According to reports, the renewable energy sector has good reasons to rejoice over the approval of financial restructuring of electricity distribution companies by the Cabinet Committee for Economic Affairs, and not just because the utilities will soon have money to pay their dues to wind-power companies.
It is widely expected that States will raise electricity tariffs to avail themselves of the grants offered by the Central Government. This means that solar power will come closer to grid parity, or indeed reach grid parity. ICRA estimates that over the next four years, the annualised tariff hike would be around 11 per cent. It says that some “outlier” States may even need to raise their tariffs between 15 per cent and 17 per cent. This is sweet news for solar-power producers.
Further, the major complaint in the renewable energy industry is the evident lack of enforcement of renewable energy obligations (RPO). The obligated entities are mandated to buy a prescribed quantum of electricity from (specified) renewable energy sources, or if they are unable to do so, buy renewable energy certificates (REC) from the market.
Since the REC mechanism came into force (effectively) in April 2011, no State-owned electricity distribution company, all obligated entities, have fully fulfilled its RPO requirements. The various State electricity regulatory commissions, which are the bodies responsible for enforcement of the obligations, have been lenient because the financially unhealthy discoms will not be able to pay more for green power.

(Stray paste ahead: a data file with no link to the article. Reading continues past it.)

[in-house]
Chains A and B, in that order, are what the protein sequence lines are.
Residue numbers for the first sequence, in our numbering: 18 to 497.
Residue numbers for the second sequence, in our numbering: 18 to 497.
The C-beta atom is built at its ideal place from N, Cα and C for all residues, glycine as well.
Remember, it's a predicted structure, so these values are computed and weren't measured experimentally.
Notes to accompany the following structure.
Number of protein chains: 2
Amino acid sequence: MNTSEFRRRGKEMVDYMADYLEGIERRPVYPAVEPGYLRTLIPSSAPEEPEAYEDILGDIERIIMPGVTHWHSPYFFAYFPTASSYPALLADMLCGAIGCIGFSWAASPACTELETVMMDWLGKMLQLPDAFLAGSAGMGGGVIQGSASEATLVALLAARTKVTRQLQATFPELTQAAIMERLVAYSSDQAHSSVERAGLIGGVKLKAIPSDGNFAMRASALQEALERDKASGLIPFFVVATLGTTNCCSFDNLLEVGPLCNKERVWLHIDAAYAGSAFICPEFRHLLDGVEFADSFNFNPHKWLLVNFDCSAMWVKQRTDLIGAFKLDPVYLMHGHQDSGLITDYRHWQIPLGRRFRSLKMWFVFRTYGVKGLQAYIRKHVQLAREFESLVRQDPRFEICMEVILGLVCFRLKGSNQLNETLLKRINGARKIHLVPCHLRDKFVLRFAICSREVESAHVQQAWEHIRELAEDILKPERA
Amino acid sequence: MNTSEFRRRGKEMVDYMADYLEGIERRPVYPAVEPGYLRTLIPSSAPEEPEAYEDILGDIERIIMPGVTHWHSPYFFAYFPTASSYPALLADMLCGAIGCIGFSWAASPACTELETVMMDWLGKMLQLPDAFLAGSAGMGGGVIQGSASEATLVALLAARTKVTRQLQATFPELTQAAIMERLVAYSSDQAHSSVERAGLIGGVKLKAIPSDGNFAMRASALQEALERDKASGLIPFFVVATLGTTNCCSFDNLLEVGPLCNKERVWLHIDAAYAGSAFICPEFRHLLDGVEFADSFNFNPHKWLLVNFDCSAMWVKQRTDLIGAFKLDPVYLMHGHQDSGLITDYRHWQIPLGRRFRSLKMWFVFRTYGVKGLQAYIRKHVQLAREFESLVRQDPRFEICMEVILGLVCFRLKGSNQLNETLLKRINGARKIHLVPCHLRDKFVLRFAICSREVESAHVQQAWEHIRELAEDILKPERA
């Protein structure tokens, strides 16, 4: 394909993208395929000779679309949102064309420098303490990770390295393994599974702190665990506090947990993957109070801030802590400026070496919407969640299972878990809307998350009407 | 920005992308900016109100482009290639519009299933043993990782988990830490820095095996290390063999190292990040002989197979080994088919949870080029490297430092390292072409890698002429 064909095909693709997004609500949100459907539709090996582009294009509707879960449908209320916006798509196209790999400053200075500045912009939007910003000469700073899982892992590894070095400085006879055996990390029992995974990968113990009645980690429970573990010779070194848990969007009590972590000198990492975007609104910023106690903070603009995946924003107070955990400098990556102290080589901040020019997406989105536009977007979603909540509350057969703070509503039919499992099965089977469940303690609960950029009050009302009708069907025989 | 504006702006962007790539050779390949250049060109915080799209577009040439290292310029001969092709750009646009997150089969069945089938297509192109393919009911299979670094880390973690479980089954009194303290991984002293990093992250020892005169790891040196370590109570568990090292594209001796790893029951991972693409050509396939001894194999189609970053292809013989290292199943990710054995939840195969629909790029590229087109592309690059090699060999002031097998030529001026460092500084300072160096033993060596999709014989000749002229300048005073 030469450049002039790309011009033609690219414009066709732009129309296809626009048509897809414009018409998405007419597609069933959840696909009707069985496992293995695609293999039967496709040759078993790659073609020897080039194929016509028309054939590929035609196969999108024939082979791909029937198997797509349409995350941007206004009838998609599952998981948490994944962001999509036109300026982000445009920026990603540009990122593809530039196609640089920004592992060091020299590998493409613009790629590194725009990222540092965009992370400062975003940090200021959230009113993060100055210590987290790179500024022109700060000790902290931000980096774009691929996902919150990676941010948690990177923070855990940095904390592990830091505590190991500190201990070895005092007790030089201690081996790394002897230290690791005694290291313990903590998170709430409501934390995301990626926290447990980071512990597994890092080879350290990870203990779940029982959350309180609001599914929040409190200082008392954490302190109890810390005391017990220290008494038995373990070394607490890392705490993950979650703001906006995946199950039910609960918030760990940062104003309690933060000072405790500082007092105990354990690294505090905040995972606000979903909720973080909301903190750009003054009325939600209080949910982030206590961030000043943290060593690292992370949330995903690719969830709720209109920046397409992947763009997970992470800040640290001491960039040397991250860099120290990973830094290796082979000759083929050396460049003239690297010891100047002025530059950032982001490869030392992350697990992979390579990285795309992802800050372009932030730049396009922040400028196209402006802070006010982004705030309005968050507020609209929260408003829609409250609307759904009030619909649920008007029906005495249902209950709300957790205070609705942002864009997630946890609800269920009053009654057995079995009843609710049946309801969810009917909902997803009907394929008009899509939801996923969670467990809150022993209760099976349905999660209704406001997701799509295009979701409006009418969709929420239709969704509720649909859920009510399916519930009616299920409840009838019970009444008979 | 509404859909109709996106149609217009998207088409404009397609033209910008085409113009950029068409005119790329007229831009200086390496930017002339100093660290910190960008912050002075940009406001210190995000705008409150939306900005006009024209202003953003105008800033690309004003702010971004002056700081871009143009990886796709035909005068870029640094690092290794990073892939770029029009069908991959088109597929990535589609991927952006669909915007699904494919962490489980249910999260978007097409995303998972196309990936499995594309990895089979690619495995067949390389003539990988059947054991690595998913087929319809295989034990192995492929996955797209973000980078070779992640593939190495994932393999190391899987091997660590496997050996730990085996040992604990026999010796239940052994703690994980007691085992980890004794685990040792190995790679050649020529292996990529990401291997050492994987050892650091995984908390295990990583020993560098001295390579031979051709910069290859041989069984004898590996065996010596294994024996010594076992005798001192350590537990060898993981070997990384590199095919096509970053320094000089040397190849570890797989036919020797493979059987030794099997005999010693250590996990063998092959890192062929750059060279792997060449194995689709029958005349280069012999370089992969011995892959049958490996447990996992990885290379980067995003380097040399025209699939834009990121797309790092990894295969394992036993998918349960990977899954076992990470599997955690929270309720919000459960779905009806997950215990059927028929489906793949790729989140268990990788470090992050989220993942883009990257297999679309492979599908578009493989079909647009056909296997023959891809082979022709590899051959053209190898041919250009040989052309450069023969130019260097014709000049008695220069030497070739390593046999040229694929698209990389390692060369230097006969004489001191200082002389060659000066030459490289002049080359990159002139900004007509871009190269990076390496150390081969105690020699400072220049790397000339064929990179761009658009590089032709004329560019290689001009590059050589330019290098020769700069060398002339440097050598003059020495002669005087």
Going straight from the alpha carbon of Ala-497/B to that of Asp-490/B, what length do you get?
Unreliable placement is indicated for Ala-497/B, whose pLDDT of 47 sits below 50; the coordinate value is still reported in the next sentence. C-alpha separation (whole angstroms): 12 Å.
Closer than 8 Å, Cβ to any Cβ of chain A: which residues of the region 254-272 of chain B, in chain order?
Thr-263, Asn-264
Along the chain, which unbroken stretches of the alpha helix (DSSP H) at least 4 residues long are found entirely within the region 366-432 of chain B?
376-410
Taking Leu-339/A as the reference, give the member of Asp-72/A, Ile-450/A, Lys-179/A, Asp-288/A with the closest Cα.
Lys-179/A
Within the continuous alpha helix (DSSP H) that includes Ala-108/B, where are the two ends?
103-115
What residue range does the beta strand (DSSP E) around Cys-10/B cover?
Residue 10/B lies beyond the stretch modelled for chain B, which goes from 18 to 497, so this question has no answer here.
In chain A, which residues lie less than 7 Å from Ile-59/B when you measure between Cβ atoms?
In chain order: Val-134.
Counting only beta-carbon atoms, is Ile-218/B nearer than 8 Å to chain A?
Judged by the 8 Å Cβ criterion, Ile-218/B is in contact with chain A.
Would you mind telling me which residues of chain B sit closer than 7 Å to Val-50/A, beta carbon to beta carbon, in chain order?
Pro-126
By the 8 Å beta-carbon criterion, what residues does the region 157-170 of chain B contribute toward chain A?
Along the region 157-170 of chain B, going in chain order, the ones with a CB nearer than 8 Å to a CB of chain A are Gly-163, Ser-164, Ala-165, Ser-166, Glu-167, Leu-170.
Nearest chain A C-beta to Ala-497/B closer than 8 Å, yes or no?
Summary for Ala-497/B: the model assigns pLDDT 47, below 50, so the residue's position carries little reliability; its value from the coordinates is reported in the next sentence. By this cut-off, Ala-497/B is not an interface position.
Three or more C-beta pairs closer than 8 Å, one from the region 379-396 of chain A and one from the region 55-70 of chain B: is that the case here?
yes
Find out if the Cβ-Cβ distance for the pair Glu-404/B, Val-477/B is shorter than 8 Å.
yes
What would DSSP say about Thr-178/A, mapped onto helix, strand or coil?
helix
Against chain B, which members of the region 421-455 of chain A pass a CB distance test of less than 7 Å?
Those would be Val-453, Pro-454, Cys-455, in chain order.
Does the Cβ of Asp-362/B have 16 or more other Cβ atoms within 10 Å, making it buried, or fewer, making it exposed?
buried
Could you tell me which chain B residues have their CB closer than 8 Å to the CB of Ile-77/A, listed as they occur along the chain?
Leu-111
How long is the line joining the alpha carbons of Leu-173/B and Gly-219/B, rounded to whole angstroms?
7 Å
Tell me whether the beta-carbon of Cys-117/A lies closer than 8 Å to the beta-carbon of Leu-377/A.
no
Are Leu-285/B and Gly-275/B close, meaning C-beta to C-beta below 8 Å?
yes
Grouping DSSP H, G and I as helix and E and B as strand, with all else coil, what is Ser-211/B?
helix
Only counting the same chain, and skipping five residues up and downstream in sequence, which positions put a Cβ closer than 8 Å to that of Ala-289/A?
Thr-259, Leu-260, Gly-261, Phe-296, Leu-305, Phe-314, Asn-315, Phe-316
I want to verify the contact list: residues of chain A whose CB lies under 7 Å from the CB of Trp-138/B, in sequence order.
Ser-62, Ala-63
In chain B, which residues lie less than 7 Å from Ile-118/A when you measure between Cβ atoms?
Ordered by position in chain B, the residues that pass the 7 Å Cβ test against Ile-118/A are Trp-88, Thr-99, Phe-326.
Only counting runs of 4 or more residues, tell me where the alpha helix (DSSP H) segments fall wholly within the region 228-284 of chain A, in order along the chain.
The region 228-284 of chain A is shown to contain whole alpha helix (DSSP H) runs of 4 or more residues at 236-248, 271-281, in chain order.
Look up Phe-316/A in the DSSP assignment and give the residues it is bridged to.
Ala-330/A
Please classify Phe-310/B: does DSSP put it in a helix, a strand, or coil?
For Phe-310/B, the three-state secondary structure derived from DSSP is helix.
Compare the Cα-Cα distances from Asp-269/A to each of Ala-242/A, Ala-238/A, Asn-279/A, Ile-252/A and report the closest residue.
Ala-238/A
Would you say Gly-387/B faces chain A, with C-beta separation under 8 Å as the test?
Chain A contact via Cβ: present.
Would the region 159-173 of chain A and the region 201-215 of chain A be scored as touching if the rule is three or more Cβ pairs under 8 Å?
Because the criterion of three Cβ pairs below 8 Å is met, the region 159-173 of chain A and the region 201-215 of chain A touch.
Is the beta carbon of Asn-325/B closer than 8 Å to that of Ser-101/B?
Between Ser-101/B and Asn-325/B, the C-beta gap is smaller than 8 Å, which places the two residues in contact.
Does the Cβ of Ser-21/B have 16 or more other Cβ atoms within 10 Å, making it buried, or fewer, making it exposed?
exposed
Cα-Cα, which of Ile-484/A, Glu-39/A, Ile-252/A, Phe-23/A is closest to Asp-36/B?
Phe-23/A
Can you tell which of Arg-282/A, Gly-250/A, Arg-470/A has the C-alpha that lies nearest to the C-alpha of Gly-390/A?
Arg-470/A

This absence of enforcement has been a major source of apprehension for renewable-energy producers. In fact, the solar industry has found it difficult, if not impossible, to secure bank funding if the projects depend upon RECs for income. (The other option is to sell power at the preferential-higher-feed in tariff.)
Enforcement of RPO will be a big boost to the industry, as it will fuel demand for either green power or RECs.
But now that there is a good possibility of State discoms improving their finances, the regulators can be expected to be strict in enforcing RPO obligations.
The restructure of discoms’ loans will help the green-power sector in yet another way. As the State Governments take over the bonds issued by discoms to lenders, the lenders will have additional room to finance energy companies. Now, there is a fear of banks hitting their exposure limits to the power sector.
The scope for lending, combined with REC-registered projects being accepted by banks, will lead to easier fund flow to the sector.
Finally, the new Chief Economic Adviser, Raghuram Rajan, has given a new lease of life to a 2010 decision of the Government to decontrol diesel prices. Usually, the Government takes tough decisions by first having its people talk about them, so as to prepare the general public for the decision. A decontrol of diesel prices and the inevitable rise in the prices of the fuel will only make energy consumers look to alternative sources, such as wind and solar.